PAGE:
Maggie Angst, Sacramento Bee
As someone whose family has received numerous threats and watched candidates that she admired face an onslaught of hate and intimidation, California Assemblywoman Mia Bonta felt an obligation to help better protect incumbent and aspiring elected officials.
The California legislature passed a bill Wednesday authored by Bonta, D-Alameda, that she hopes will make them safer. It will allow the use of campaign funds for home security systems or bodyguards for themselves, their families or staff.
Assembly Bill 37, which still needs Gov. Gavin Newsom’s approval, expands who is eligible to spend campaign funds on security and removes a $5,000 cap set three decades ago. It also allows candidates or elected officials to retain security after a campaign or term in office concludes if there is a continued threat verified by law enforcement. Candidates and elected officials would be required to disclose these expenses as campaign expenditures.
Bonta said she felt compelled to introduce the measure after what she saw as an alarming increase in political violence, including the home invasion and attempted kidnapping of then-House Speaker Nancy Pelosi. Pelosi was not home at the time but her husband, Paul Pelosi, was seriously injured in the attack.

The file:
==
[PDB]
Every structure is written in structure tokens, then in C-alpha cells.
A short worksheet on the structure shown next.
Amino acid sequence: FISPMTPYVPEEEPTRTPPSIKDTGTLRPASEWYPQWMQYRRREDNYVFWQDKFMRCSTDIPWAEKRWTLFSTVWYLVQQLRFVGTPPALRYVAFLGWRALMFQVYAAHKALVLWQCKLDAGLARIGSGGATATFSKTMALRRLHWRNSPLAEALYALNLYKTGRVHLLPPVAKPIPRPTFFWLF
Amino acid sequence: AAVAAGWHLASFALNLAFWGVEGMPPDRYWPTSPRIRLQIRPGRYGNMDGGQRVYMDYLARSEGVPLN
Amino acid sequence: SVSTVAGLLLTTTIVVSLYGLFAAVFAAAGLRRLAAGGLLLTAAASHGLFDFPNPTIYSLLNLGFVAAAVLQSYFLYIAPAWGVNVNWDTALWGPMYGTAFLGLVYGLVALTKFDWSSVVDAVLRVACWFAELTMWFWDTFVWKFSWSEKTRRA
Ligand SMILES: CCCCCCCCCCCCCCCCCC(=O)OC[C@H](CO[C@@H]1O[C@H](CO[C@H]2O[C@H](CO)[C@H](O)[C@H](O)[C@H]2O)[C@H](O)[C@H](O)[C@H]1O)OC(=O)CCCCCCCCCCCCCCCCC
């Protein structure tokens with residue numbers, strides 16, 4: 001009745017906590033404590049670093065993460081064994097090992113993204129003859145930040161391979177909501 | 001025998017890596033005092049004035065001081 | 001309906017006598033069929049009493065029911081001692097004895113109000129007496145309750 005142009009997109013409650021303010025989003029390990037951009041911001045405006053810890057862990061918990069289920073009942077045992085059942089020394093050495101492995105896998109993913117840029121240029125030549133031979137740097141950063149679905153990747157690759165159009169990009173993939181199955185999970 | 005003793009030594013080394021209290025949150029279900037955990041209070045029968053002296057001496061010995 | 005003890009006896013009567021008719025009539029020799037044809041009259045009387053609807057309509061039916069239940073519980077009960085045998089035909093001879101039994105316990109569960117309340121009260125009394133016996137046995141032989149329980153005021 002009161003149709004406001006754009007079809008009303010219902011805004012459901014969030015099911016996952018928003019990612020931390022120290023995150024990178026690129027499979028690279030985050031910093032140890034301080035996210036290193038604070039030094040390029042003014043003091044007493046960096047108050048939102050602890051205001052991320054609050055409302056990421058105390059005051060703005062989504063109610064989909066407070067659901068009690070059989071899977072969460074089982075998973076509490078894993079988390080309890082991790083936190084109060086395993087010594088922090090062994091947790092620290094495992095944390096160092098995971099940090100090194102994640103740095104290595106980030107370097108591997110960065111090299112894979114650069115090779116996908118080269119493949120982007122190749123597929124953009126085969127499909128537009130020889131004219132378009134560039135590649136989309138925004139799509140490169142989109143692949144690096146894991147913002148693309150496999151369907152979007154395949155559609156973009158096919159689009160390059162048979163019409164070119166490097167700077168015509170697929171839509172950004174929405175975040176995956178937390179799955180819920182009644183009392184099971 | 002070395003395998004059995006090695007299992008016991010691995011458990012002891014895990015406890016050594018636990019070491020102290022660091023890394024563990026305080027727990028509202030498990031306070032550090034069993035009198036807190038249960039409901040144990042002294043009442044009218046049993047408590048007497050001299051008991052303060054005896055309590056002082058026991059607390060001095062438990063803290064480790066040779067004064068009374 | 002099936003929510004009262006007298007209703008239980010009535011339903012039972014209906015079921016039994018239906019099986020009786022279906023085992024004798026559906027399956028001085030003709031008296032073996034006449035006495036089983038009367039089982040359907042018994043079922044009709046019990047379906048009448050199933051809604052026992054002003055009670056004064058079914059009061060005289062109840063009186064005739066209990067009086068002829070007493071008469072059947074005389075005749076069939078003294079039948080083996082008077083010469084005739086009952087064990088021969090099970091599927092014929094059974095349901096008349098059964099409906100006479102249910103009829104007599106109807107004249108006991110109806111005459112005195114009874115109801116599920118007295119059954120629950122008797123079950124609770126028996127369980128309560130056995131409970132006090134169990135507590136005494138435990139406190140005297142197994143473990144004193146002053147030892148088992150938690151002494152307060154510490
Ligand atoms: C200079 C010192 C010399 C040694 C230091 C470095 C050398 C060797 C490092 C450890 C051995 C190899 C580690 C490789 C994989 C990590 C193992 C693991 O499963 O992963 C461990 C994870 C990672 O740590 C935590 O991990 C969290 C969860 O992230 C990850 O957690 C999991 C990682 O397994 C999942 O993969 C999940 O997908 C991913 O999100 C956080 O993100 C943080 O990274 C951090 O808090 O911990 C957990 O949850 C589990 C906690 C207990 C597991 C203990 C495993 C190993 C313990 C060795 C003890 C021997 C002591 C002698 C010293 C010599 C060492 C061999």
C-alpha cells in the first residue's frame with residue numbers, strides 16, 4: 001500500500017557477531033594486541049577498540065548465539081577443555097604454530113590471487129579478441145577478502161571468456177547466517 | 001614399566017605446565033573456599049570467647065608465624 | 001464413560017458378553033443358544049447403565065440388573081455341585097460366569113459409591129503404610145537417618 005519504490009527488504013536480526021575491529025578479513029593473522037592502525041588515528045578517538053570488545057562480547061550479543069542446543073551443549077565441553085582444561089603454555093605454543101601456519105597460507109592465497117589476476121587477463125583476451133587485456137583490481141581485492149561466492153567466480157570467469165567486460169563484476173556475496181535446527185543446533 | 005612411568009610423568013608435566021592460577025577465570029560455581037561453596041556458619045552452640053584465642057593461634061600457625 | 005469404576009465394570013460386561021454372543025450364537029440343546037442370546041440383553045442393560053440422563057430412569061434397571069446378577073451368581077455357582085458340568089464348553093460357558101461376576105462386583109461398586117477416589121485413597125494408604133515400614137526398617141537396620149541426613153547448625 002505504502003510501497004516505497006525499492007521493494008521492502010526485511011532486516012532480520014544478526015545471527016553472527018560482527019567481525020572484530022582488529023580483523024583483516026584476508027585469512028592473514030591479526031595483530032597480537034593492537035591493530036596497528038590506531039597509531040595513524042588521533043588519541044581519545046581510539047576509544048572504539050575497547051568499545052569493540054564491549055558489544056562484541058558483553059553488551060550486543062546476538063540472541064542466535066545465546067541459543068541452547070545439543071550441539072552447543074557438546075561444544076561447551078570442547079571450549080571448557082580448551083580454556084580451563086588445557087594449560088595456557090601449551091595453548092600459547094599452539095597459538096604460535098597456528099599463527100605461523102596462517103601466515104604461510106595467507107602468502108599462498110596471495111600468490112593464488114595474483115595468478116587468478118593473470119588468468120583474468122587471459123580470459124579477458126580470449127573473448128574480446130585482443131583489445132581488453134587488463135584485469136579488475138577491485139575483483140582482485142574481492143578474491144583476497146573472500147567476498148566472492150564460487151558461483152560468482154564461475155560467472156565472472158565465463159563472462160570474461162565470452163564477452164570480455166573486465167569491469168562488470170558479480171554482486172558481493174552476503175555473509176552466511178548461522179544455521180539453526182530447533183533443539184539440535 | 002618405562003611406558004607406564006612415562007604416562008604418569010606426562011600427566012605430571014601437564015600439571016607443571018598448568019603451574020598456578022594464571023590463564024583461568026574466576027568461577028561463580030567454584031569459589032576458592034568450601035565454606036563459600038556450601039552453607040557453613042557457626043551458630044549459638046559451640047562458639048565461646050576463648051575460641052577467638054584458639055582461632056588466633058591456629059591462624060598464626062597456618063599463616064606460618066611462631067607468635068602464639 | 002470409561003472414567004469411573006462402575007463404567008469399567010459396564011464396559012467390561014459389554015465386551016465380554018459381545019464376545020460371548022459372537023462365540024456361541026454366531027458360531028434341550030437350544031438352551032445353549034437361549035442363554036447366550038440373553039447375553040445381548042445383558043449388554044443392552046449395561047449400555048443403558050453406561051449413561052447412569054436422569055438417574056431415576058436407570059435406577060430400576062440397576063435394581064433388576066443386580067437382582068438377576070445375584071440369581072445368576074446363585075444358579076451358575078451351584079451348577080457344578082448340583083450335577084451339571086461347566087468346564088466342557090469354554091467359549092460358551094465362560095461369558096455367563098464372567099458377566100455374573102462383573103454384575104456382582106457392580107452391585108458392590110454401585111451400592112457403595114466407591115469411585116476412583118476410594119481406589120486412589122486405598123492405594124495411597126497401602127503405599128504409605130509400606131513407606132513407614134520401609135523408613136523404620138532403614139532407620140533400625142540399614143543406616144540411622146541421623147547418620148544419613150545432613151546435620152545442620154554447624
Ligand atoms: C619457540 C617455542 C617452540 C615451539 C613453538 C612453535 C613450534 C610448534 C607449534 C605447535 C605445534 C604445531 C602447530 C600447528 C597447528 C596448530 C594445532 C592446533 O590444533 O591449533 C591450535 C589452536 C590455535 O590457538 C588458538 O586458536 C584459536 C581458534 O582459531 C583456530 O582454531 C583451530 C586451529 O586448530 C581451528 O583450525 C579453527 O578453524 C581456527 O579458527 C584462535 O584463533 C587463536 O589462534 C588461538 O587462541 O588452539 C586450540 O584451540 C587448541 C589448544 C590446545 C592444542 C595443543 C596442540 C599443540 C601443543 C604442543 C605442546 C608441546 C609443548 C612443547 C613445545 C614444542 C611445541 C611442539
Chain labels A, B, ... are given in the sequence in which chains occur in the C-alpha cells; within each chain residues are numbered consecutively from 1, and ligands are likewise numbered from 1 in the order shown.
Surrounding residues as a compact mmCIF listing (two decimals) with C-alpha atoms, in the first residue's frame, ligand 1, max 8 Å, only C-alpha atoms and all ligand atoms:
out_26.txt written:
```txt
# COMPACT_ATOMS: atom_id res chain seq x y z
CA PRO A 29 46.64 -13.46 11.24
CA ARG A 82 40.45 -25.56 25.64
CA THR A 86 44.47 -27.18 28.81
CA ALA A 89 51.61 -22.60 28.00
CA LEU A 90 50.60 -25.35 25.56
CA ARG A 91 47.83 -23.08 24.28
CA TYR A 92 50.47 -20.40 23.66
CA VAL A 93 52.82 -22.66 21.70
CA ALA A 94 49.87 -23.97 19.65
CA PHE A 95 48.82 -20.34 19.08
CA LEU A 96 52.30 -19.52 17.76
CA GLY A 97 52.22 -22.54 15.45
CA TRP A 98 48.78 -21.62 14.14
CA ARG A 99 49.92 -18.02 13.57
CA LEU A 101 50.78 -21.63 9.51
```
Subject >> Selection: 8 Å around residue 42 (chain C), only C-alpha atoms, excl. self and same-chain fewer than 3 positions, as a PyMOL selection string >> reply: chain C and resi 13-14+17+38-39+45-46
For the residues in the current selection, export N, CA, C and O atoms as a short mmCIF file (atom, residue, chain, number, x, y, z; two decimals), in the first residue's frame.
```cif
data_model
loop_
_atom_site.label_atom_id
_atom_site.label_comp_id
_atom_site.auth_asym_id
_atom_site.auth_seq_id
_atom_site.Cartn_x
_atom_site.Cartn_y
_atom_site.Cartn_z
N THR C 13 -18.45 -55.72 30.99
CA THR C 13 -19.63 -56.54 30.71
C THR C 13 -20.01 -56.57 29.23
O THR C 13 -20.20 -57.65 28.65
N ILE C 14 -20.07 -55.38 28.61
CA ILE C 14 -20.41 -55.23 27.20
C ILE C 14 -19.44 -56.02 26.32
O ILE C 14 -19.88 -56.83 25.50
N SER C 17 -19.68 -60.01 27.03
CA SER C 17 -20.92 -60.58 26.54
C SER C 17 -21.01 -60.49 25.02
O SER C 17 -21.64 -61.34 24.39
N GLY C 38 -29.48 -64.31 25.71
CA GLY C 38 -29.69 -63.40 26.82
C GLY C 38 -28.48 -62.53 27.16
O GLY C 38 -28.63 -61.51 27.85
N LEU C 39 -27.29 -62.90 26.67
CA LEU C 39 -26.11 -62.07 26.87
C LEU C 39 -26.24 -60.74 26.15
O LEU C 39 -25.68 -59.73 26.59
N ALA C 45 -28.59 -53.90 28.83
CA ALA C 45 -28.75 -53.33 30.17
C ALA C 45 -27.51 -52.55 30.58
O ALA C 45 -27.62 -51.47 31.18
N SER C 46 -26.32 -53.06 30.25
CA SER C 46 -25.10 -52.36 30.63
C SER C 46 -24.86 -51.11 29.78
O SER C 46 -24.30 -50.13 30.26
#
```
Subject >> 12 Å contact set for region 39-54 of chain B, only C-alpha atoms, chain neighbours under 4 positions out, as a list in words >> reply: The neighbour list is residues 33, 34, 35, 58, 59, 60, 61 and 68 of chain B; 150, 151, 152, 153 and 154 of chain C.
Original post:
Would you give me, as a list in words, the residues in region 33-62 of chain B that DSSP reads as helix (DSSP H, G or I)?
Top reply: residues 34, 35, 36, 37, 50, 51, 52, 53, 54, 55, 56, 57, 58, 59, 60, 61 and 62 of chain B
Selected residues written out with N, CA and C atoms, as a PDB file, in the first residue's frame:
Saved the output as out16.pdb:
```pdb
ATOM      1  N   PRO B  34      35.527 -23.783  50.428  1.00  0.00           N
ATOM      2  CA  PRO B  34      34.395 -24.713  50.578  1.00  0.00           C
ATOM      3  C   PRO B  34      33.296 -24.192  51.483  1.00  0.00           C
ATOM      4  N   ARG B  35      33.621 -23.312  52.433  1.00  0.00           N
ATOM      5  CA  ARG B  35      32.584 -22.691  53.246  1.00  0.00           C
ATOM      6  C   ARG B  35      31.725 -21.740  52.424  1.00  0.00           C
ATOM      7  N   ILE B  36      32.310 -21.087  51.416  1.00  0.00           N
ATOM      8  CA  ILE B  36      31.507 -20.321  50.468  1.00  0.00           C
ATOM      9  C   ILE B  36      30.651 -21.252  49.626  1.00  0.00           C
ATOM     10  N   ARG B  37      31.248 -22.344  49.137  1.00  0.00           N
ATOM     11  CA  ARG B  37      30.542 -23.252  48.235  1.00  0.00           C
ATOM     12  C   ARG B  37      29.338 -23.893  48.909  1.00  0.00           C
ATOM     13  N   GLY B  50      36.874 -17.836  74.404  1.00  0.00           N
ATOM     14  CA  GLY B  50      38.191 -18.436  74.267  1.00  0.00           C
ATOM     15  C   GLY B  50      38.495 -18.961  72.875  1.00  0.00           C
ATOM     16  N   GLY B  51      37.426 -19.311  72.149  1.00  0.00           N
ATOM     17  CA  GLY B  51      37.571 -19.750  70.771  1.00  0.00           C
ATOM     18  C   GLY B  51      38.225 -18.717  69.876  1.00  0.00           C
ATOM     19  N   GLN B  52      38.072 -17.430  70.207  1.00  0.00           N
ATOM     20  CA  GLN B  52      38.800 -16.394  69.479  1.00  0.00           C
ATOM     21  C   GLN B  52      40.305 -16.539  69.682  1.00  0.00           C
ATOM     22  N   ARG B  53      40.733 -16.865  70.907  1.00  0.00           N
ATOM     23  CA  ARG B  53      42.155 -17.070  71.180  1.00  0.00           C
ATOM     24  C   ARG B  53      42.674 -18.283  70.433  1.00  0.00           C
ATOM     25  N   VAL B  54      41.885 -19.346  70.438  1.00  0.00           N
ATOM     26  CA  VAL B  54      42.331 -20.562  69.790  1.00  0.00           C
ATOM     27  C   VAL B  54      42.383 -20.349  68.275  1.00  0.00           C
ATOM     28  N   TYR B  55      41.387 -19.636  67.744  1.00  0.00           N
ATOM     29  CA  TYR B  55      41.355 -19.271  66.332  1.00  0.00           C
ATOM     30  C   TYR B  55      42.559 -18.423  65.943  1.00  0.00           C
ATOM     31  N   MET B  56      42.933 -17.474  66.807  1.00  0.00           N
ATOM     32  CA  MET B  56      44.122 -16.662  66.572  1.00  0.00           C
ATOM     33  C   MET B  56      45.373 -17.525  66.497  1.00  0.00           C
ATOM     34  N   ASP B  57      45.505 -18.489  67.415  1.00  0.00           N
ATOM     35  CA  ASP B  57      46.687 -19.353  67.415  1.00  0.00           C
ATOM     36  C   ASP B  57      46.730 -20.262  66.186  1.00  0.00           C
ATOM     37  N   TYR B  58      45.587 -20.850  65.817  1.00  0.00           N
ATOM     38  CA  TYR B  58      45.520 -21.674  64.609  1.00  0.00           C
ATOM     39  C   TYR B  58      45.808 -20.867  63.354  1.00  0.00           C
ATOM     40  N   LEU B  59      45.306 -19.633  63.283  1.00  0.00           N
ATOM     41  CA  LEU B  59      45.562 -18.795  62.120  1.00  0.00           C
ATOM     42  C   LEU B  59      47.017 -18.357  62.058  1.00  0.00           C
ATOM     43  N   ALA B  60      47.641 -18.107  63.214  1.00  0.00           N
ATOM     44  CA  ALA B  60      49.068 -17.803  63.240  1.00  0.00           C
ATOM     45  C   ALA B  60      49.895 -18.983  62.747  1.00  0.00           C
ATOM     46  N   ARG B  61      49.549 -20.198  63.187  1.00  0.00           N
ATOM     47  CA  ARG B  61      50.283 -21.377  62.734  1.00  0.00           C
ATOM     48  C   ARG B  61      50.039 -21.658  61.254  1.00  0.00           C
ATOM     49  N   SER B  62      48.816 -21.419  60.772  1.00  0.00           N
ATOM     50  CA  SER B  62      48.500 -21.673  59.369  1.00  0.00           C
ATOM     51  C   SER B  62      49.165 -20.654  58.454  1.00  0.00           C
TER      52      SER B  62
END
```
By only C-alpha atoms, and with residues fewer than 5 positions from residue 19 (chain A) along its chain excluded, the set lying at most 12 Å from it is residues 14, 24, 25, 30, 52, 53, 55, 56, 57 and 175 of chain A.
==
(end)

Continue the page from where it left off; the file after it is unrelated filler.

“I went through last election cycle supporting several women at the wrong end of hate,” Bonta said. “... I don’t think people should have to put themselves on the line, their families on the line, to hold public office.”
Bonta said she first experienced violent political speech when her husband, California Attorney General Rob Bonta, held her seat and was harassed after a vote. More recently, after opposing a bill strengthening penalties for child sex traffickers, she said the lives of her children were threatened.
Less than six months ago, the California state Capitol was evacuated because of what the Highway Patrol called a “credible threat” from a nearby shooter.
Scott Wiener, D-San Francisco, Bonta’s co-author on the bill, has faced homophobic and anti-Semitic messages, harassment and threats. Late last year, San Francisco police investigated multiple death threats against the state senator, including a bomb threat that listed his home address.
Although Wiener would not say whether he planned to make use of legislation if passed, he said that it was a good option for elected leaders to have.
“The sad reality is that elected officials across the country are increasingly facing threats of physical violence. We see it with members of Congress, as state legislatures and all the way down to school boards,” Wiener said in an interview. “I think this is a very common-sense stopgap measure to help elected officials protect ourselves.”